How do we stay “up” when the economy is down?

Sit quietly and begin to list, in your mind or on paper, what you still have to be grateful for.

by Irene Conlan — 

Times are tough; there is no doubt about it. The jobless rate is going up. We are seeing a record-breaking number of home foreclosures and an accelerating number of both large and small businesses closing their doors. As the economy worsens, the crime rate seems to be rising. The news media tells us repeatedly how bad it is and how much worse it’s going to get.

Some of us have been clinging to the ragged edge, and some of us have fallen over that edge into bankruptcy, joblessness and perhaps home foreclosure. Many are close to despair. And yet others in the midst of it seem to have peace and, yes, even joy. How can that be?

Bernie Siegel, M.D., says, “Diseases (and I will add, financial reversals) can be our spiritual flat tires — disruptions in our lives that seem to be disasters at the time, but end by redirecting our lives in a meaningful way.”

Edwin Markham states, “Defeat may serve as well as victory to shake the soul and let the glory out.” And Eric Hofer says, “You can never get enough of what you don’t need to make you happy.” We find out who we are when trouble strikes.

So what can we do when things are crashing down around us to stay positive and be happy?

• Gratitude and appreciation is the premier place to start. Sit quietly and begin to list, in your mind or on paper, what you still have to be grateful for. If you can’t think of anything at the moment, begin to think of the breath. Have you ever appreciated breath? Breathing happens automatically, thousands of times each day and our lives absolutely depend on it. We give it no thought, and yet it continues. As long as you have breath, you’re alive and can begin to rebuild.

Are you healthy? Be ecstatic about that. Look around outside. Have you ever really appreciated the beauty all around you? Have you appreciated the beauty, functionality and miracle of your own body? Have you appreciated your fine mind? The same mind that created and acquired the things you lost can re-create something even better, can it not? Think of your loving relationships. How much are they worth to you? You take it from here. What do you appreciate? What are you grateful for?

• Learn from the situation. See the good that can come from it; e.g., you got out from under the load of debt you had incurred; you have an opportunity to seek a job that gives you joy; you have begun to realize the true priorities in your life and to know what really matters to you. Your family has begun to pull together and enjoy one another’s company.

• Listen to your own conversations as if you were a spectator. What do you say? Do you hear yourself complaining most of the time? Do you start every conversation with statements of how bad things are? What do you complain about the most? Take note of these things and make the appropriate changes. Begin talking about what is good, what works and what you can do. You’ll be surprised at what a difference this makes.

• Get real. Know that neither you, your spouse nor your children are going to die if they don’t wear Prada or Gucci. Clothing from Wal-Mart or a discount store covers and protects the body — maybe not as elegantly, but certainly as adequately. A Ford gets you there as well as a Lexus, and a clean bed and good meal don’t have to be located in the Taj Mahal to give you a good night’s sleep and adequate nutrition. Begin to separate what you want from what you need.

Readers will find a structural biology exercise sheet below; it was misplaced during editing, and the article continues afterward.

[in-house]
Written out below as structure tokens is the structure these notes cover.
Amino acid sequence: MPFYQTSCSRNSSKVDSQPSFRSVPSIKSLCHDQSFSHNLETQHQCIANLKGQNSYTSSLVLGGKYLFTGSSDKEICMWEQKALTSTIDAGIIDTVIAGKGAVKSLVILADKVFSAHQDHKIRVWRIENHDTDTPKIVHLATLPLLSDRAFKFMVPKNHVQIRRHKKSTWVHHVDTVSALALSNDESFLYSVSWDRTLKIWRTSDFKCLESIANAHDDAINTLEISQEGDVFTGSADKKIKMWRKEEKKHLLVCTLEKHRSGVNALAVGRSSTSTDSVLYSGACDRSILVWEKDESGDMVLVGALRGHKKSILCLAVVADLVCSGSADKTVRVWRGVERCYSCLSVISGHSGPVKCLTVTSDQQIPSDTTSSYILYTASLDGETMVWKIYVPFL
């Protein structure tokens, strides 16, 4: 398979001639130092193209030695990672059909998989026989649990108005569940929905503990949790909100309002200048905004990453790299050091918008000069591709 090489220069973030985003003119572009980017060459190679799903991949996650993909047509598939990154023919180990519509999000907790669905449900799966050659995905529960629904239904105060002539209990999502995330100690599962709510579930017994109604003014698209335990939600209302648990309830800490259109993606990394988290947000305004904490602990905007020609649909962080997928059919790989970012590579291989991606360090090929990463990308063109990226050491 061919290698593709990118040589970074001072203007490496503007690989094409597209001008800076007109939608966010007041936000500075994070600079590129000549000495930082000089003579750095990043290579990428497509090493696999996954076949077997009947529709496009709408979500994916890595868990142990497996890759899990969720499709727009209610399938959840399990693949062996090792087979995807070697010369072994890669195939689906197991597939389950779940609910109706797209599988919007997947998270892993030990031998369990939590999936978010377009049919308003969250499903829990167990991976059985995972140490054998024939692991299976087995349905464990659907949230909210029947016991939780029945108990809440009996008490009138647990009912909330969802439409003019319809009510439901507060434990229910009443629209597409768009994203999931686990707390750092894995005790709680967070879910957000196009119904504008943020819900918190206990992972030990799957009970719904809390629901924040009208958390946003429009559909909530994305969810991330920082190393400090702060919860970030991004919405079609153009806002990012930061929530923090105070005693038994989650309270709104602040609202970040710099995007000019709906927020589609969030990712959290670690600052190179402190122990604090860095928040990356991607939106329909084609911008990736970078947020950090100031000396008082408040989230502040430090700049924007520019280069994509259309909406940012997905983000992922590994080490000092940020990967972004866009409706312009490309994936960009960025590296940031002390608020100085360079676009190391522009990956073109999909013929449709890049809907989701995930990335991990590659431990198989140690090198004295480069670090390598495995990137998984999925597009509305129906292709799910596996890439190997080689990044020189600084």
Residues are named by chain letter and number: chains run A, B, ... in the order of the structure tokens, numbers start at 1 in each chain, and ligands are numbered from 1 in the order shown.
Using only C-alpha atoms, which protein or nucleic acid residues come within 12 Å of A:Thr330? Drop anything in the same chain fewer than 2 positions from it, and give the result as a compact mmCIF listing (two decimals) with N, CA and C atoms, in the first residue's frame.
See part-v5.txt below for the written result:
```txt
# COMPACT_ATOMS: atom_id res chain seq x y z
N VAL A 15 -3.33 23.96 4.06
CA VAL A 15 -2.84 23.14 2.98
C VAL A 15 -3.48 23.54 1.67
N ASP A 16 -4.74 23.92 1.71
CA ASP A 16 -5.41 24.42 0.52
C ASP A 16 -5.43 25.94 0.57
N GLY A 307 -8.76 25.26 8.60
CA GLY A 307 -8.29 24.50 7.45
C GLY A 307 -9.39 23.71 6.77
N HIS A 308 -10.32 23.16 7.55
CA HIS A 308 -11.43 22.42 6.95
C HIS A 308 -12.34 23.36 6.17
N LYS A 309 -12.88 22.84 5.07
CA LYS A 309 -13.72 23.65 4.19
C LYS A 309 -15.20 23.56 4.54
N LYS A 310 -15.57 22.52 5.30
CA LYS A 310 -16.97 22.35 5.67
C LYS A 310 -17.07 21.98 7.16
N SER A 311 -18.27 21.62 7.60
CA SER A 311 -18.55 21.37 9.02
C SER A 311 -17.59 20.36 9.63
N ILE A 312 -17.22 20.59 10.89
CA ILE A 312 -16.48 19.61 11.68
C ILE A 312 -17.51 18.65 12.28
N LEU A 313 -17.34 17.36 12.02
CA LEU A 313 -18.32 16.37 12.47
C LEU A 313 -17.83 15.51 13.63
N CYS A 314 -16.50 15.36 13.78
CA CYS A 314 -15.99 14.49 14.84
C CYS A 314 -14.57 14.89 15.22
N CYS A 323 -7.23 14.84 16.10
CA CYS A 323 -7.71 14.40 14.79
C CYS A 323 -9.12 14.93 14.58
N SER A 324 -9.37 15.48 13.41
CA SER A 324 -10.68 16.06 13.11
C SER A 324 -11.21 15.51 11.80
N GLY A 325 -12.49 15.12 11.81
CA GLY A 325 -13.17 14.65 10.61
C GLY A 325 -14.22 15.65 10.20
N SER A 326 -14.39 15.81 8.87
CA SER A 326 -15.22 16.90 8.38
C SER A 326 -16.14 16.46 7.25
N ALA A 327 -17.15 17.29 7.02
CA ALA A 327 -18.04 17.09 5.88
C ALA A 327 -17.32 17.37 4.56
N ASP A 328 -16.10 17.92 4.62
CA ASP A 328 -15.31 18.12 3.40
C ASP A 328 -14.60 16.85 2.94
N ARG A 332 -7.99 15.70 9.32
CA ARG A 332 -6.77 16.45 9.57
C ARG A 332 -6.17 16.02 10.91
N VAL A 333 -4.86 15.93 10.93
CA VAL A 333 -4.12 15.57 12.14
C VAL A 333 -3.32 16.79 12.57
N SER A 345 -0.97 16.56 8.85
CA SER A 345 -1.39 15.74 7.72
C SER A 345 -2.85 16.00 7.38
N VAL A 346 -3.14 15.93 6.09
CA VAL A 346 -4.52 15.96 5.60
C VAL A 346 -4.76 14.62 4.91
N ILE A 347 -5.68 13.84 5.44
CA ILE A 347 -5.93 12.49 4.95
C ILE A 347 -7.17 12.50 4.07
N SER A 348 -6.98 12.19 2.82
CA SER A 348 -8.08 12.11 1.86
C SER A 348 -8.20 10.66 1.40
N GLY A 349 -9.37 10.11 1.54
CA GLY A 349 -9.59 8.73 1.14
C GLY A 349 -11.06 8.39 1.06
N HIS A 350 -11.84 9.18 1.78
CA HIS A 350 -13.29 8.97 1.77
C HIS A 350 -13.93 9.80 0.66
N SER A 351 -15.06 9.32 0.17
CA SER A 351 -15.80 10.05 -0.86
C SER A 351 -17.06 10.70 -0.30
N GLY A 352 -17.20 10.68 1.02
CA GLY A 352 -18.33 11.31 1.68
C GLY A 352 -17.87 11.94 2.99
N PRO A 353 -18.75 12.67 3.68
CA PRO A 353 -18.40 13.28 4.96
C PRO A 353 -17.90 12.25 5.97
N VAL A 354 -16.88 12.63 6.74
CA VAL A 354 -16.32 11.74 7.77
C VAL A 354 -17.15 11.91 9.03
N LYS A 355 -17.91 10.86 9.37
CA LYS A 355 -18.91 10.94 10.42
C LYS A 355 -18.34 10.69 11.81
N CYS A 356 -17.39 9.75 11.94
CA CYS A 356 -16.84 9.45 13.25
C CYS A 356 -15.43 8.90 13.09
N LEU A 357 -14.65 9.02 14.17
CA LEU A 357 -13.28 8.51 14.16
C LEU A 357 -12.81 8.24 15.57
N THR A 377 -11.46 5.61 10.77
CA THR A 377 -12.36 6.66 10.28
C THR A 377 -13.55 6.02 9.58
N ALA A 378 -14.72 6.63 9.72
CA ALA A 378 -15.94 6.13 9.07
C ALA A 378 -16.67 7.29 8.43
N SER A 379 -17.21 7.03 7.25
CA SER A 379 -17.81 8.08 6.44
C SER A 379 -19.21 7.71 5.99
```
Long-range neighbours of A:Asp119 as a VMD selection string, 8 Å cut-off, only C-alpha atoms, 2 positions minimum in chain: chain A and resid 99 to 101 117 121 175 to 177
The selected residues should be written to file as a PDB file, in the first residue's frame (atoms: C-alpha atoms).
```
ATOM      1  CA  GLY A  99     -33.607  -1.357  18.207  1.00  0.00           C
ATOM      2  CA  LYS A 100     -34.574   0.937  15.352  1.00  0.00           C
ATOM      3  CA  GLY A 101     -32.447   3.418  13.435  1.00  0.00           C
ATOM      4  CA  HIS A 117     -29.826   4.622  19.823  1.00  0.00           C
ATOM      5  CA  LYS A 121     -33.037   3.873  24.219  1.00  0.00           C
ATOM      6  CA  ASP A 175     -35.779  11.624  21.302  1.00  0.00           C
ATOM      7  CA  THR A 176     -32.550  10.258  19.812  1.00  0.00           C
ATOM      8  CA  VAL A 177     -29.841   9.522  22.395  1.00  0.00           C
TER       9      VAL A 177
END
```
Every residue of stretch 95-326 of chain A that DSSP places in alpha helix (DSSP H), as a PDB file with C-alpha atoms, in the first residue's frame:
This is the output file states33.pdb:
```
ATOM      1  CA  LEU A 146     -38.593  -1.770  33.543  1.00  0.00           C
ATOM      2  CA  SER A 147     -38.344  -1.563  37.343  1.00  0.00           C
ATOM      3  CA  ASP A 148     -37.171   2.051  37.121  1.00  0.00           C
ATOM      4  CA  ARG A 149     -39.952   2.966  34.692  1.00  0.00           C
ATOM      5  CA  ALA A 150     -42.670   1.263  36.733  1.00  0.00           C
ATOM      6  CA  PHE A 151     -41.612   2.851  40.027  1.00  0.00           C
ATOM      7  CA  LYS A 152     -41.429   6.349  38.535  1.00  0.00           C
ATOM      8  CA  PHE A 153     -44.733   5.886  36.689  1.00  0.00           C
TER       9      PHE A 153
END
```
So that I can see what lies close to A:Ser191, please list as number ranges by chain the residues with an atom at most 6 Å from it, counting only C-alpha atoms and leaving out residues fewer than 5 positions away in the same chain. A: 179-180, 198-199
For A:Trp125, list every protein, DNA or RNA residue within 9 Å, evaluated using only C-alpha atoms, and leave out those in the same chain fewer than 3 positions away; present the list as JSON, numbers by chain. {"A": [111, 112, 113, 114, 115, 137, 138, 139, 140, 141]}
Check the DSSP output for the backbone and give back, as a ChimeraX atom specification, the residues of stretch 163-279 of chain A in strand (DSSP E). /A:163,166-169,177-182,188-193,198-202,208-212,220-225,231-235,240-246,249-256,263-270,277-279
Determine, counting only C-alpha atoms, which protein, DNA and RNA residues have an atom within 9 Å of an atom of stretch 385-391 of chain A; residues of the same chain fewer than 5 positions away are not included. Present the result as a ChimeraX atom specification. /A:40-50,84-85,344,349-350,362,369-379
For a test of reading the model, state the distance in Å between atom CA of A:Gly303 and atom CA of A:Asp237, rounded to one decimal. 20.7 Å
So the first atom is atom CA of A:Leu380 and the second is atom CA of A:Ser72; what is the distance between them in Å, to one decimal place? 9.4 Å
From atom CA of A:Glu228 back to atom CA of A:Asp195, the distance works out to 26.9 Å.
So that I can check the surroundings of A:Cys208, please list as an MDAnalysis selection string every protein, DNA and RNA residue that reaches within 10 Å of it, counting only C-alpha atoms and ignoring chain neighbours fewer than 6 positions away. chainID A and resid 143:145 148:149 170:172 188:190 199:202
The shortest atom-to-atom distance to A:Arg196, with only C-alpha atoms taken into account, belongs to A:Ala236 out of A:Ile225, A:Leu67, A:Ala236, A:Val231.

• Help someone else. There is no way to measure the joy that comes from helping someone else. This does not always mean giving money, but perhaps better gifts — of time, interest, compassion and energy. You will find that when you are helping someone else, your mind no longer dwells on your own troubles and, in that respite, can renew and allow solutions to come forward.

• Live in the moment. Stay out of the past that comes with the “if onlys,” the “shouldas and the couldas.” Plan for, but don’t dwell in the future — it robs you of the energy you need now. Leave the past in the past and find your happiness in the now.

• Take time to find the happiness that lies deep within you. Get to know who you are, what you like and what you want as an individual and as a family. Learn what is important to you and what is not. Determine what you really believe about those important things — not what you were told you were supposed to believe. This is a good time to learn meditation or to deepen the practice you already have.

• Adopt the attitude that you did it once and can do it again — this time even better and with more joy. In many areas of life, you have tryouts or auditions to see if you can be in the choir or get the part in the play. You interview to see if you can get the job. There will be eliminations in sports in order to build a team with the best players who can work with each other to win. Begin to look at the past as a tryout, an audition or an elimination. Now you know what you can do and what you like, and this time you’ll be in the choir, in the play or on the team you call life.

Get excited about what you can create now that you are free of the old encumbrances. Some people revel in their misery, while others look around and see the possibilities — it’s all in your attitude. Happiness is an inside job and truly does not depend on “stuff.”

 

Irene Conlan has a master’s degree in nursing, is a certified hypnotherapist and a certified past-life regression therapist at The PowerZone in Scottsdale, Ariz. www.theselfimprovementblog.com.

Reprinted from AzNetNews, Volume 28, Number 1, Feb/Mar 2009.

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